by Kayleigh Hindman, Operations Manager
The end of the year is almost here and as I sit in the verandah avoiding the paperwork I need to do, I look over the lake and think of the drastic change we’ve had from summer to the winter ice that now coats vast Stoney Lake. Although it seems like a distant memory at this point, I can’t help but to think back to the warmest day of summer and have myself a good laugh.
It was hot. It was so hot you wouldn’t believe how hot it was. Ben was off somewhere enjoying his car air conditioning and I was left alone on what can only be drastically over exaggerated as the hottest day of summer. It was just after Labour Day and I had openly decided I was going to shirk some responsibilities for awhile (#treatyourself). So I did what any reasonable resort staff member would do… I stole my boss’s boat.
If you’re going to keep reading, I feel I should take the chance to defend myself a little. I’m actually pretty smart (in the next few paragraphs you’re going to doubt this) and fairly reliable (you’ll doubt this too).
But what exactly did my smart self do while grandtheft-boating? I changed into a bathing suit I keep in my car, located my boss’s boat keys, and informed our amazing front desk team that I was running away and if I didn’t return not to worry about it… then I ran back to the office and plugged in my dying phone. Next, I untied the Boston Whaler, hopped aboard, and headed out to the middle of the lake. I spent an hour jumping off the boat, swimming around, splashing about, chasing the boat, and repeating before a harsh wind started to blow and I decided, begrudgingly, I should probably be doing my job.
So I climbed back on board, folded in the swim ladder, did a quick check to make sure I hadn’t lost anything, and threw my uniform back on (to deny that this mid-day sojourn ever happened). I started the boat as the wind got rougher, and thought to myself, “if I capsize Ben’s boat I am doomed.” I decided to motor out and make my turn back to the resort between a couple islands to break up some of the waves – see, I said I was actually pretty smart! Halfway through my turn I was hit by a massive wave. Who knew Stoney got tidal waves? Not me! And then the engine made a terrible beeping noise and suddenly cut out…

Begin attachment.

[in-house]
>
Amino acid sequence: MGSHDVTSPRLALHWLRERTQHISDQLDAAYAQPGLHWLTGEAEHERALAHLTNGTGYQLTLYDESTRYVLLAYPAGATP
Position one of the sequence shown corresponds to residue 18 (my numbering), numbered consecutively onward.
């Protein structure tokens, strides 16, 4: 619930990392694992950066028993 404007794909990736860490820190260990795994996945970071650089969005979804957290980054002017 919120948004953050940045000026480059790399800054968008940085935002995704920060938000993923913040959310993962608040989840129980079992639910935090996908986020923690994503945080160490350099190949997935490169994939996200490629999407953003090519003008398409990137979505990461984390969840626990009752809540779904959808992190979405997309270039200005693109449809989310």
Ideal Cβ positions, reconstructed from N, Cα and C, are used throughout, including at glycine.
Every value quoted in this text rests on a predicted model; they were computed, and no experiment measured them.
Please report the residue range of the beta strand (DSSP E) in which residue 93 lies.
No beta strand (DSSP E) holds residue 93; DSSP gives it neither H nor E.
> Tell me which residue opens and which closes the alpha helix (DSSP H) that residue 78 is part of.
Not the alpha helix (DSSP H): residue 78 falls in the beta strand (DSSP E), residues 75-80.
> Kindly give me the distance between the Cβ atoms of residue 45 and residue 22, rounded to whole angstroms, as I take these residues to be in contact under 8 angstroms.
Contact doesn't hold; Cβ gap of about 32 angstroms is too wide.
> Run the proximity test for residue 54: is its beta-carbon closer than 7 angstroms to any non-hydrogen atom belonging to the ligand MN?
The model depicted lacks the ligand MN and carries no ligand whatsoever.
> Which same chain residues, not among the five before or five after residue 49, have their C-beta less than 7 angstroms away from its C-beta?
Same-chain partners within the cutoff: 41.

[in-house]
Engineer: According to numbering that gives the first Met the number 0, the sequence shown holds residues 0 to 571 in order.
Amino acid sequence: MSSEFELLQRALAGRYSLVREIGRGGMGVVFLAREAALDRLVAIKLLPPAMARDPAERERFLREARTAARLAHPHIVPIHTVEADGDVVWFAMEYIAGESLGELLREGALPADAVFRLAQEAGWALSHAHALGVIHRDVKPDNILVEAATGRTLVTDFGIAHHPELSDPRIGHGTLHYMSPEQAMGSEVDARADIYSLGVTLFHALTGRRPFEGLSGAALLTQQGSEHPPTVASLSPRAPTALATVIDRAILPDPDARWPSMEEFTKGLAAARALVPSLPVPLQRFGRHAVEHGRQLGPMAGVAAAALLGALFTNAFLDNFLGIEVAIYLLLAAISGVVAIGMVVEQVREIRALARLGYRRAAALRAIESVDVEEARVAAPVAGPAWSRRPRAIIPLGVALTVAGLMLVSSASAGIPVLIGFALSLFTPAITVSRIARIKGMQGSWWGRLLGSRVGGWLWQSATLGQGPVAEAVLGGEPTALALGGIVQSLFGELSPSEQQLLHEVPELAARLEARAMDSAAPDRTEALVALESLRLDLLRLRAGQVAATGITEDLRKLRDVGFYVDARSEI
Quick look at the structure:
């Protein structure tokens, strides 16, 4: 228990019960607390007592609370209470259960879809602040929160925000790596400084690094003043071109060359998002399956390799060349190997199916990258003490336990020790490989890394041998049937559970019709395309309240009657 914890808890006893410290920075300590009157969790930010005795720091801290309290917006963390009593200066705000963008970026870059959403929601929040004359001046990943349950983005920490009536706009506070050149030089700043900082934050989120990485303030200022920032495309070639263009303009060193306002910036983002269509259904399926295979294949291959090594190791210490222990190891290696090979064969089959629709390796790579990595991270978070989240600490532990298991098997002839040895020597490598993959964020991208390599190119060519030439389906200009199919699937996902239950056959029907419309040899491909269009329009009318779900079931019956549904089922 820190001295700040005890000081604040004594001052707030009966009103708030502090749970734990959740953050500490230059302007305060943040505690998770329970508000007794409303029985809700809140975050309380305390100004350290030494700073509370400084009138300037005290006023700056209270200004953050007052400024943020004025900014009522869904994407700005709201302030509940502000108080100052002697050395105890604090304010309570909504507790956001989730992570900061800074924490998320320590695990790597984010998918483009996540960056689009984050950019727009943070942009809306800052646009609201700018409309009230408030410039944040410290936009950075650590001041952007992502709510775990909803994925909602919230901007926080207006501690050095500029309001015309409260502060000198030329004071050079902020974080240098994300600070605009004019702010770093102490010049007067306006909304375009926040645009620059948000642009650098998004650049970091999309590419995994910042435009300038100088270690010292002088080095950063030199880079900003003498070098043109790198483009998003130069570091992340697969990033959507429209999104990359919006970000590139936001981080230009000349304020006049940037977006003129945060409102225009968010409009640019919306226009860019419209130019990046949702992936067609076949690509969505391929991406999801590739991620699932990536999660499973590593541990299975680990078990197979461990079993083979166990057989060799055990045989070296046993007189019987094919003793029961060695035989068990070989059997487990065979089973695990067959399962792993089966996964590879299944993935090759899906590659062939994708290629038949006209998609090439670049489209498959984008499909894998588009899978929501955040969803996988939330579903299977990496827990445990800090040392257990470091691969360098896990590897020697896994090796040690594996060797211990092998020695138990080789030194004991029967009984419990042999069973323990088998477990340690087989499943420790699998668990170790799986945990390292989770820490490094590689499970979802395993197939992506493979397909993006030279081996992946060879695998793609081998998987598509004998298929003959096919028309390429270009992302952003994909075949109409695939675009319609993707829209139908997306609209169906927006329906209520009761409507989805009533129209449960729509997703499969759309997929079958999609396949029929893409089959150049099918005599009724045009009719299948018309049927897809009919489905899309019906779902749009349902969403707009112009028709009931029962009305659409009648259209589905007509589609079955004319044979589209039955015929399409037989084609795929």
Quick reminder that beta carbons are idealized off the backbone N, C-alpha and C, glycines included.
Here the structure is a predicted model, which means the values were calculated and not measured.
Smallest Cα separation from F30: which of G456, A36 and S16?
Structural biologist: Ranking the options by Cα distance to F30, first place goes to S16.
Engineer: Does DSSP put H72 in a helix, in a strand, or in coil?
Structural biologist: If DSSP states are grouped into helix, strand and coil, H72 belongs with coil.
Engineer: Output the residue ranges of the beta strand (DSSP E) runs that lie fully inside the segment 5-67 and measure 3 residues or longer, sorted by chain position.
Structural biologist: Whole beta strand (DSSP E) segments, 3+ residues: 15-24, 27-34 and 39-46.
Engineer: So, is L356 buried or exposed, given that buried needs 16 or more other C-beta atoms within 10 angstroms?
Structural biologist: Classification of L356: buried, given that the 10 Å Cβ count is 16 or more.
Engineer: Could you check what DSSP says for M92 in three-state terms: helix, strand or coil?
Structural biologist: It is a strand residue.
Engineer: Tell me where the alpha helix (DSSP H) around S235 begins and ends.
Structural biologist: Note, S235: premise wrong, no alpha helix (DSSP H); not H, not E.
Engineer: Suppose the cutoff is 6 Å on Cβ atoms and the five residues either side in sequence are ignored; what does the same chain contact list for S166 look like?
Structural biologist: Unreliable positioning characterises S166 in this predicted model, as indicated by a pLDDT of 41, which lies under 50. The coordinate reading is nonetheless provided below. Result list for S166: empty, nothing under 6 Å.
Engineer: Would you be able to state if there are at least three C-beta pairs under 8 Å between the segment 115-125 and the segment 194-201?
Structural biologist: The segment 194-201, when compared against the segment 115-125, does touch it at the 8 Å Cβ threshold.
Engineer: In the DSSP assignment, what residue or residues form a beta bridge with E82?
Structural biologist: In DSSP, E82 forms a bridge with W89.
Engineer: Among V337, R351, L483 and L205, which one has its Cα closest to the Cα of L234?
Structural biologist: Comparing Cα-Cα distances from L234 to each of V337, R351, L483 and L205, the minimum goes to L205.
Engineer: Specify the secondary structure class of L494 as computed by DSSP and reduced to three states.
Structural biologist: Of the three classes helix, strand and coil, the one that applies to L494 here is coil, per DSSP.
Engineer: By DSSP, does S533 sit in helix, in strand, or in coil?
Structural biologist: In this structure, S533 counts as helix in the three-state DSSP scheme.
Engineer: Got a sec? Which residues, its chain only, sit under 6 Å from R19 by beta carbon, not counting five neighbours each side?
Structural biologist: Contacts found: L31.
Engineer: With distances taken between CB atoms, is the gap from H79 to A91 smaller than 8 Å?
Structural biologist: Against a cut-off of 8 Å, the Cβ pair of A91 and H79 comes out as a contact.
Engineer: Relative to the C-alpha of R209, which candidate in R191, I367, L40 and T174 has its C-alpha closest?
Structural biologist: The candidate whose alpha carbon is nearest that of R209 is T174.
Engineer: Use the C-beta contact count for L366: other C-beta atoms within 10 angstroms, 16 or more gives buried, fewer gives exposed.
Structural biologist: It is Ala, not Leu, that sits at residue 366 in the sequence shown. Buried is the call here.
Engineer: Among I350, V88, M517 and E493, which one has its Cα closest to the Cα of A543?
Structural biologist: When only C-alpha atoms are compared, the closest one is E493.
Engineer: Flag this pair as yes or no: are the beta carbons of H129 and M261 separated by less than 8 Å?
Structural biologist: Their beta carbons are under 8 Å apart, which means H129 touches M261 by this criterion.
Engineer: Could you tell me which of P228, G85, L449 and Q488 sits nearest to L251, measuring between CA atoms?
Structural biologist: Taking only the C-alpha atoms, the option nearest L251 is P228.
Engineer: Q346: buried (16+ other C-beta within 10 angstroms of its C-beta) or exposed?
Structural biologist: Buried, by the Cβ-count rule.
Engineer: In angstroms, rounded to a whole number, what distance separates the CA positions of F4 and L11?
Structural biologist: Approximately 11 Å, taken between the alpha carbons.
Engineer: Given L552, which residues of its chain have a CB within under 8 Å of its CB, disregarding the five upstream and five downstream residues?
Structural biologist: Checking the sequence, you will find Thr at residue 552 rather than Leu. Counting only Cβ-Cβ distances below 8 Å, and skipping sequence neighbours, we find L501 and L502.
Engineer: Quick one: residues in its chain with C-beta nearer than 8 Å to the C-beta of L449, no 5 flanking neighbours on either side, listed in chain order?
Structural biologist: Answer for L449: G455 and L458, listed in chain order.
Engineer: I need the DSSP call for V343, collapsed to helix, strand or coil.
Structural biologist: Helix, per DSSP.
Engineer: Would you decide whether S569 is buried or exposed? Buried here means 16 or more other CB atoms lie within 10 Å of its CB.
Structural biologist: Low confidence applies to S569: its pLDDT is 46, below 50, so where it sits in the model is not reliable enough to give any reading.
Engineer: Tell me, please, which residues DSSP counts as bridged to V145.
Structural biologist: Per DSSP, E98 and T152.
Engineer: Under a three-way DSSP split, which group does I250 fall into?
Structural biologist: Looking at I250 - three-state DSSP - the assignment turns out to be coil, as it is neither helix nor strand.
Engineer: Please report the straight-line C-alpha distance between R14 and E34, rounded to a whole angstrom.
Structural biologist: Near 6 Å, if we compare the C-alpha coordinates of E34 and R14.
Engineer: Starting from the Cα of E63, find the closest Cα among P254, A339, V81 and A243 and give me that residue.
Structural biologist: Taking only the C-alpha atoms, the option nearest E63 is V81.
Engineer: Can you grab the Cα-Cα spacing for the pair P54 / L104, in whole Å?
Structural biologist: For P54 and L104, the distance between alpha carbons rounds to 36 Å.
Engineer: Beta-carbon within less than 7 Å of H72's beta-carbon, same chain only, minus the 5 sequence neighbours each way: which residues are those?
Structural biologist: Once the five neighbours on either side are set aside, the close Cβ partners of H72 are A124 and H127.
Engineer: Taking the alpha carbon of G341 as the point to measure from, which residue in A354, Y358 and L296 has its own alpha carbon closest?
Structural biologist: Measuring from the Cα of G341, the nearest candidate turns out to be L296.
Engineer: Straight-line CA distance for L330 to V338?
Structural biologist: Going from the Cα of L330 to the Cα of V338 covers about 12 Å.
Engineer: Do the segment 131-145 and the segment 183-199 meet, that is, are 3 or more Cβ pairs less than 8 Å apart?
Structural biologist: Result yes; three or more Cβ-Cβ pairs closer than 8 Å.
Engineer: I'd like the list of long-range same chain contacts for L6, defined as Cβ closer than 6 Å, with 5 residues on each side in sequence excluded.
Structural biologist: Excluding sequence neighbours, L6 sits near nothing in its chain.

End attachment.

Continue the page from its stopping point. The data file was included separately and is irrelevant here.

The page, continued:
I put it in neutral and tried again – life for thirty seconds then nothing more – so I try again, and again, and again. It sputtered to life, beeped, died, and I repeated the cycle. Thinking back to my boater safety course, I grabbed the canoe paddle. Turns out I couldn’t exactly reach the water, nor could I really paddle a Boston Whaler with a canoe paddle – physics wins this round. So I sat there, pouting, as the waves pushed me towards a very, very, rocky bay. Using my recently useless paddle I managed to push myself away from the rocks and park the Whaler (it’s biggish boat) on a 4’ piece of dock. I jumped out of the Whaler, tied it as tightly as I possibly could to this itty bitty dock, and jumped out – now would be a good time to mention I left my sneakers on shore – to go looking for help.
First house, no one home, second house, no one home. I could hear kids playing in the next bay over but figured it might be wise to avoid terrifying small children at this point. I ran back to the boat thinking “clearly I’m doing something silly – maybe its not in neutral.” Started the motor – life for ten seconds – then the acceptance set in that I’m stranded two bays from work and ultimately doomed.
Suddenly, I saw her, this marvelous, lovely, amazing lady walking her dogs. I ran up to her and with little to no articulation introduced myself and explained the situation. She let me use her phone, so I called the resort, tell the front desk what happened, and sent them to get me another boating staff member to come rescue me. Meanwhile my savior and I got to talking and she says “Hey, I know a little about boats, want me to look at it?” Obviously, I said “yes, please!” so she grabbed a can of gas out of her garage and we headed down while discussing the first rule of boater safety (always bring a cell phone) and the ongoing hilarity of my situation.
On arrival at the boat, my new friend recognized A) my stolen boat is out of gas, B) it has a reserve tank, and she promptly hooked it up and as a team we managed to push me and the Whaler off the dock and into the lake. In unintended appreciation, I left behind one lonely canoe paddle that I informed her she could totally keep (if you’re reading this sorry about your paddle Ben).
As I came back towards the shore at Viamede, I saw the Sous-Chef waving at me from the dock; he helped tie me off then informed me he’s already called Ben and told him I broke the boat. At this point I started panicking – similar to when you throw a party in your parents’ house and they’re out of town and you’ve broken something – that kind of panic.
So I sat around, waiting, dreading the inevitable conversation. When Ben arrived back at Viamede, he asked what happened to which I responded “turns out you were out of gas” and he laughed so hard at me that I couldn’t help but laugh too. And this story of me getting ship wrecked is the highlight of my summer. The story I’ll tell everyone and the reminder of the importance of boater safety, cell phones, and the kind helpfulness of Stoney Lakers.